all much better behaved than those of Boccaccio's party.
A few drops of rain quenched the fun at its height, and sent the revellers home as fast as four horses could take them, leaving the town gaping after them, and our ladies much enlivened by the delights of the day.
This third and last event pleasantly ended their sojourn at Albano; for a day or two later they vanished, leaving the dear officers disconsolate till the next batch of travelling ladies came to comfort their despair.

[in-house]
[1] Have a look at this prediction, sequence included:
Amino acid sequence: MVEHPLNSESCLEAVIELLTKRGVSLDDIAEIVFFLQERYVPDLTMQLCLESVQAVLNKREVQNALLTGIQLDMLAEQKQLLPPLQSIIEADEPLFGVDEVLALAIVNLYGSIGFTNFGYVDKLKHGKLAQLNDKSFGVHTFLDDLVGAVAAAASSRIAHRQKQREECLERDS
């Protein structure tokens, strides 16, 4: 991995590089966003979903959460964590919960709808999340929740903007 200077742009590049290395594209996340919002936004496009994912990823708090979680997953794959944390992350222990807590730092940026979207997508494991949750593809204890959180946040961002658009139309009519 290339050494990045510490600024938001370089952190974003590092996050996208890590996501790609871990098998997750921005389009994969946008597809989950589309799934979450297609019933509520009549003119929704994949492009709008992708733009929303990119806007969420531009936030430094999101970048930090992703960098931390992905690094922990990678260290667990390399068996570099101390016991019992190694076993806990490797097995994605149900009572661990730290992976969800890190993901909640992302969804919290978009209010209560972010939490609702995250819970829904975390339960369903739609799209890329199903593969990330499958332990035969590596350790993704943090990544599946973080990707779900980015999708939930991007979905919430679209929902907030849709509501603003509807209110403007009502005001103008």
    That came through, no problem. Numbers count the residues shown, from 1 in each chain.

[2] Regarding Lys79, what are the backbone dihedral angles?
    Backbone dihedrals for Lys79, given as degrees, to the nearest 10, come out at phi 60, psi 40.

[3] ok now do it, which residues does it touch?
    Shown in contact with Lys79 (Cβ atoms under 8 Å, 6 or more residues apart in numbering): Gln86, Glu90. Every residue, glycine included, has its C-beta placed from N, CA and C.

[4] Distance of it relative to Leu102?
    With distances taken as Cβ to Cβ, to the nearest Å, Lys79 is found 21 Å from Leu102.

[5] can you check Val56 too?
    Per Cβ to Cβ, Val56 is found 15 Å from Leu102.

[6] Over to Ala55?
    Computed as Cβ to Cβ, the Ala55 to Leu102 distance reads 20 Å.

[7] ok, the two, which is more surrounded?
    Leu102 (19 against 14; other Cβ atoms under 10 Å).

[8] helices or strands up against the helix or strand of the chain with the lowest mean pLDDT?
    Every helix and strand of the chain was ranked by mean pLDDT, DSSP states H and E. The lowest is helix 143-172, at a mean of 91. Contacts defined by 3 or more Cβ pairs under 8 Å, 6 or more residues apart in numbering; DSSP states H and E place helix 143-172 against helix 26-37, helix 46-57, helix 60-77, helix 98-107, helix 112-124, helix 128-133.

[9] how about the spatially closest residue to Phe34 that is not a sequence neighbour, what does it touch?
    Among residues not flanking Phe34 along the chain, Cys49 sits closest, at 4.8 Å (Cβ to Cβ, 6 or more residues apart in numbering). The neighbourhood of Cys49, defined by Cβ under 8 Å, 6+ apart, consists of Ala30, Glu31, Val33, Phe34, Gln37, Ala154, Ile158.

A week was spent in Venice, floating about all day from one delightful old church to another, or paying visits to Titians and Tintorettos; buying little turtles, photographs, or Venetian glass; eating candied fruit and seeing the doves fed in the square of San Marco; visiting shops full of dusty antiquities, or searching the stalls on the Rialto for Moor's-head rings; being rowed to the Lido by Giacomo in a red sash; and lulled to sleep at night by the songs of a chorus that floated under the windows in the moonlight.
Lavinia never could get used to seeing the